Sacrament of Marriage With One Not Being Catholic


My daughter is getting married in the Catholic Church and her fiance is not Catholic. He is baptized.

She just informed me they are having the Mass at their wedding. Everything I have read where either the bride or groom is not Catholic suggests having the Mass would draw too much attention to the one who is non-Catholic, especially during Communion.

My daughter said she has been to several weddings where they have the Mass and one is not Catholic. I have NEVER witnessed a Mass in this case, and for the reason I stated above…it draws attention to the non-Catholic.

She’s getting married in her parish and lives out-of-state. The bishop of her diocese is “liberal” so my hunch is I may see things contrary to the teachings of the One True Faith.

The thought of my daughter receiving Communion and then the groom getting a blessing seems wrong.

Has anyone witness a wedding like the one my daughter plans on having? Is it as inappropriate as I am imagining?

Blessings to everyone who can give me spiritual guidance.



I can’t give any spiritual guidance but can say that you are correct, as follows. The general rule is that a wedding between a Catholic and baptized non-Catholic is to take place outside of Mass: however, the local ordinary (bishop, vicar general, episcopal vicar) can allow the wedding to take place during Mass “if the case warrants it” (see the 1991 Rite of Marriage, n. 36).

I have witnessed such a wedding during Mass. It might be inappropriate and cause some awkwardness but, at the same time, if both Parties are in favor of having Mass and are aware of the consequences, then it can be ok.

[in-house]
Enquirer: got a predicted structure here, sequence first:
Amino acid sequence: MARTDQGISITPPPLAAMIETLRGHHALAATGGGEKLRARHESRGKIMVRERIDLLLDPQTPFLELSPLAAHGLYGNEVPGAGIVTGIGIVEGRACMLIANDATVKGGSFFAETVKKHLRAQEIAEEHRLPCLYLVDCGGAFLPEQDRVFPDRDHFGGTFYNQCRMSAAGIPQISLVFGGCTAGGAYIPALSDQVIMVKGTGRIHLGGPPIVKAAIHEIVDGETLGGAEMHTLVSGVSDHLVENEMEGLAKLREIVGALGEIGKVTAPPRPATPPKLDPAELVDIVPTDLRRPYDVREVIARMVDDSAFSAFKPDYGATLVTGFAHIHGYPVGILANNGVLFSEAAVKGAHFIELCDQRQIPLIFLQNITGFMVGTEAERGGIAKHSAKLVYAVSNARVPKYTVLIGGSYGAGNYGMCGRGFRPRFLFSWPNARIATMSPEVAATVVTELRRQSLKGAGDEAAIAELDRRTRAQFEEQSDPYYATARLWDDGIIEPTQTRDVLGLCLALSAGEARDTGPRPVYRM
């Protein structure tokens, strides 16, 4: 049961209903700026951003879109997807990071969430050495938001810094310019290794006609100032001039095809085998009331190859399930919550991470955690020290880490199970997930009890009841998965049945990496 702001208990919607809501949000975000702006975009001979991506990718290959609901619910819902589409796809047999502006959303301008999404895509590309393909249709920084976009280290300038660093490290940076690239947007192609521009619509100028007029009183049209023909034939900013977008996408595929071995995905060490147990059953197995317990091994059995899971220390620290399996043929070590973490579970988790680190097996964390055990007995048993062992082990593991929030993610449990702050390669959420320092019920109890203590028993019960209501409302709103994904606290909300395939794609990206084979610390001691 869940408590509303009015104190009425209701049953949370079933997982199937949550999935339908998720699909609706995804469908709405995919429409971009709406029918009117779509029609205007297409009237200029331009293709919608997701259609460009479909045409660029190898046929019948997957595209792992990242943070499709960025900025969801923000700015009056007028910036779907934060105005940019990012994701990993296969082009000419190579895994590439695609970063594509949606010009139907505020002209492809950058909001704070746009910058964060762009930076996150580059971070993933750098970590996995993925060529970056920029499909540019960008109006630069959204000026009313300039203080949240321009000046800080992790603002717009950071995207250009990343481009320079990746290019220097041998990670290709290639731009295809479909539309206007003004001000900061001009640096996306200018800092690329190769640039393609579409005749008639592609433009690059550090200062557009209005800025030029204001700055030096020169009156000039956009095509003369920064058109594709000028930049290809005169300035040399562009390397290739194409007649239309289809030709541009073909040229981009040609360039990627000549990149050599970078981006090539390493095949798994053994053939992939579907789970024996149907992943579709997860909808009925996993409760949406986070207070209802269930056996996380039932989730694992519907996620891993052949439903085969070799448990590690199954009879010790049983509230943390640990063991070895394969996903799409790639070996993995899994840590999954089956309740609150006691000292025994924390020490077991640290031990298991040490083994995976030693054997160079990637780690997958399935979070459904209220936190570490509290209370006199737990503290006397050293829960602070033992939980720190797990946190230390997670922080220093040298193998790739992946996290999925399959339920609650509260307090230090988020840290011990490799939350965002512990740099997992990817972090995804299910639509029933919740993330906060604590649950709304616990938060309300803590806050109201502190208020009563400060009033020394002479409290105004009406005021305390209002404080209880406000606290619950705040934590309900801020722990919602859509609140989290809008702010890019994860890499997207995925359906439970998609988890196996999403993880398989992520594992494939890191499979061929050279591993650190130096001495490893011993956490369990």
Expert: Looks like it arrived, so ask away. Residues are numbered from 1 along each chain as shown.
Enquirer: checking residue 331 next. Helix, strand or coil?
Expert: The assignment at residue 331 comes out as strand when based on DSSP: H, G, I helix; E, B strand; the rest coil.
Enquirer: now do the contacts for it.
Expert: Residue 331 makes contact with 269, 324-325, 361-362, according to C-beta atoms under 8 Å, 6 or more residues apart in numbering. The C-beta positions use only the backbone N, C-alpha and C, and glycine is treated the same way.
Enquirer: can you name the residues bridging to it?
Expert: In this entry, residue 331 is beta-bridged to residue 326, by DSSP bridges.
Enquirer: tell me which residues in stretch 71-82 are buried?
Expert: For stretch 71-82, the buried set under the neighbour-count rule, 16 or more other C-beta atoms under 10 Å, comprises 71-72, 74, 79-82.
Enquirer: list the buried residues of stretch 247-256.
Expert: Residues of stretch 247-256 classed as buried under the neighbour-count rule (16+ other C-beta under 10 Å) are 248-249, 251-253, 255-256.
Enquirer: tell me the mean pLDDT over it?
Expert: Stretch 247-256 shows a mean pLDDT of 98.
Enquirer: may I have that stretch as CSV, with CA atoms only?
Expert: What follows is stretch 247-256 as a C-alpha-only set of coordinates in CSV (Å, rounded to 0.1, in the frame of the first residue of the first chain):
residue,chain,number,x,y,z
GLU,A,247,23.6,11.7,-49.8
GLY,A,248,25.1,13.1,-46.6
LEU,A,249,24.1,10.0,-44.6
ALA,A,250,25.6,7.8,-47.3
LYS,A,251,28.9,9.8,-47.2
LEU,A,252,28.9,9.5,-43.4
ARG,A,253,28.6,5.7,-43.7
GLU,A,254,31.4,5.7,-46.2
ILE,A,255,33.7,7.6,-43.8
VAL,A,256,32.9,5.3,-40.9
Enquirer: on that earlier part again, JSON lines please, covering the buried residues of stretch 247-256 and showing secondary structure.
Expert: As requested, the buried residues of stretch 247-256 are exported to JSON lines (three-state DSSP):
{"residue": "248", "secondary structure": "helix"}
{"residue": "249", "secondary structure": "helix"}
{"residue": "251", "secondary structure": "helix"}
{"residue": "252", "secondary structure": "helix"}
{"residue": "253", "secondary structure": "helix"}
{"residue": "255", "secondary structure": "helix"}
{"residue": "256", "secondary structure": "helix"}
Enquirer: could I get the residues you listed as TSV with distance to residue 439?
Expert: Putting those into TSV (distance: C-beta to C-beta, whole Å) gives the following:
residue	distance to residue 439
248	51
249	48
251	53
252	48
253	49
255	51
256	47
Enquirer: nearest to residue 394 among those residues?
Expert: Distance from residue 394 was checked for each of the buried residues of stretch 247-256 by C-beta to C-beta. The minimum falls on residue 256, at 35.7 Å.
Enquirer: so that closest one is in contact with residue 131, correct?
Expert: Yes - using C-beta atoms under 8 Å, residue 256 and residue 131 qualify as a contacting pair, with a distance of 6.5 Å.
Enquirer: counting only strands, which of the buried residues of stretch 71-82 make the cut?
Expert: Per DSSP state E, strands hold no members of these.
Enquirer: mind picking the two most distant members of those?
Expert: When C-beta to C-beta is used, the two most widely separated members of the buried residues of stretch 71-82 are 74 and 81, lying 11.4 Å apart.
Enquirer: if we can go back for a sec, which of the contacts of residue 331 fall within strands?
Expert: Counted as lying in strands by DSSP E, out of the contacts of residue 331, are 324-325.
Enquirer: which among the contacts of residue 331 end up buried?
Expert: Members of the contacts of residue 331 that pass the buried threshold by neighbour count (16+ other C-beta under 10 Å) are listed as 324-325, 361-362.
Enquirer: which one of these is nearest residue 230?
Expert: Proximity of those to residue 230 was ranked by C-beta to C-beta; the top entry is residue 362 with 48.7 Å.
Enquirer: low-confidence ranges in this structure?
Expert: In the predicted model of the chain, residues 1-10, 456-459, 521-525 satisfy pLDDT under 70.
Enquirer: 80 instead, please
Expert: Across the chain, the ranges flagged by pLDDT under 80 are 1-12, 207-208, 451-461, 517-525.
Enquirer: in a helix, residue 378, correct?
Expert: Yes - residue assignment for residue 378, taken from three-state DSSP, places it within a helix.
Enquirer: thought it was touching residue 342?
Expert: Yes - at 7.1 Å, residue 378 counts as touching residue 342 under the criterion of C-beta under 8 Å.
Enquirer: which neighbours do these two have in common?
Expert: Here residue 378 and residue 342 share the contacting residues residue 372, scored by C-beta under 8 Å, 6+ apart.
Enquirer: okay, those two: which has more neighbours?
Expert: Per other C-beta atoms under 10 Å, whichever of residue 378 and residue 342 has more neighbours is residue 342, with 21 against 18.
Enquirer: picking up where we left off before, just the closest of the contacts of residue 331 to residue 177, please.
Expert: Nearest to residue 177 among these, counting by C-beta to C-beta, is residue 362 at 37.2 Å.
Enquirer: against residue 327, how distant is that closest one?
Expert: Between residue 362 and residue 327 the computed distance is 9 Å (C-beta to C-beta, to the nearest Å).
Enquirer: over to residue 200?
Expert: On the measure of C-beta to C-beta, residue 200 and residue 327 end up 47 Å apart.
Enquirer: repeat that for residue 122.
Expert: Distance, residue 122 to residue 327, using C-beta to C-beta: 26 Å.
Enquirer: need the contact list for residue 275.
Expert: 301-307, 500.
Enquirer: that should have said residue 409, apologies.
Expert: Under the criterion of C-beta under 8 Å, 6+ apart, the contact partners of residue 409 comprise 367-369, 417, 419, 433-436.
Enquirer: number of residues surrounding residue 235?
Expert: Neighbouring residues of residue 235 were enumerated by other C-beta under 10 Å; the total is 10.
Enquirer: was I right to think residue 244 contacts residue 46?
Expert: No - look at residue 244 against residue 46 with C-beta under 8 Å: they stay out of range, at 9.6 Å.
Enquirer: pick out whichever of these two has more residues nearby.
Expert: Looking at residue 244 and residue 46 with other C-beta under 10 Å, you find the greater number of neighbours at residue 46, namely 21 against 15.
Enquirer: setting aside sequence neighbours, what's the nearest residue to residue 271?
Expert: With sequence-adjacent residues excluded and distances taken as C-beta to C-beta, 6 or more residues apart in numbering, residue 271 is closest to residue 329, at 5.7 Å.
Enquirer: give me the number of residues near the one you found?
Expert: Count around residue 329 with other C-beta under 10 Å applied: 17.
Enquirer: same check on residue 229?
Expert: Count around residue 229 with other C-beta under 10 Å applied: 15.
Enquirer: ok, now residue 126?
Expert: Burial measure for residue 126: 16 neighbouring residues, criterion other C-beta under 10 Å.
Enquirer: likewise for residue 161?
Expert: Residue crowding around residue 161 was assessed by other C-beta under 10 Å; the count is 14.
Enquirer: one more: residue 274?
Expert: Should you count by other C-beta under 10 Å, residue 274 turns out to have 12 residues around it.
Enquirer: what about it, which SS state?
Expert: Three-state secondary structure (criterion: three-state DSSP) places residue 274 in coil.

They may, indeed, legitimately have a Mass. So it certainly does not mean that you will “see things contrary to the teachings of the One True Faith.”


In the 1970s and early 1980s it was not uncommon for couples to have a nuptial Mass even if one was not Catholic. By the late 1980s it was being suggested to couples that they not have a Mass if both were not Catholic.

I have been to several weddings with a Nuptial Mass where one party to the wedding was not Catholic.

There is no actual “rule” which governs what should happen in this case, (other than what particular bishops might have put in place.) It’s not a matter of “liberal” versus “conservative”. It’s more a matter of prudence and courtesy. The suggestion that mixed marriages take place outside of the context of the Mass is a concession to the fact that in many places the number of mixed marriages outnumber those between Catholics. And Nuptial Masses when there is a mixed marriage are still common in certain cultures.



Well, there *is * such a rule in the Rite of Marriage itself–n. 36 of the 1991 revised edition, which corresponds (on this issue) with the 1969 edition of the Rite, in n. 8.

The 1969 edition of the Rite said: “In a marriage between a Catholic and (a baptized non-Catholic), the rite of marriage outside Mass shall be used. If the situation warrants and if the local ordinary gives permission, the rite for celebrating marriage within Mass may be used…”

In the unofficial translation of the 1991 version which I have, the only substantial difference is that “shall be used” is now “must be used.” I don’t know what the original Latin said in either version.



How does she respond when you say that she can receive communion and he cannot?
Is he ok with that? Would he find it awkward? I’d be interested in how she is ok with this and her reply. Maybe he wouldn’t find it awkward at all, like ‘whatever’. When is the wedding?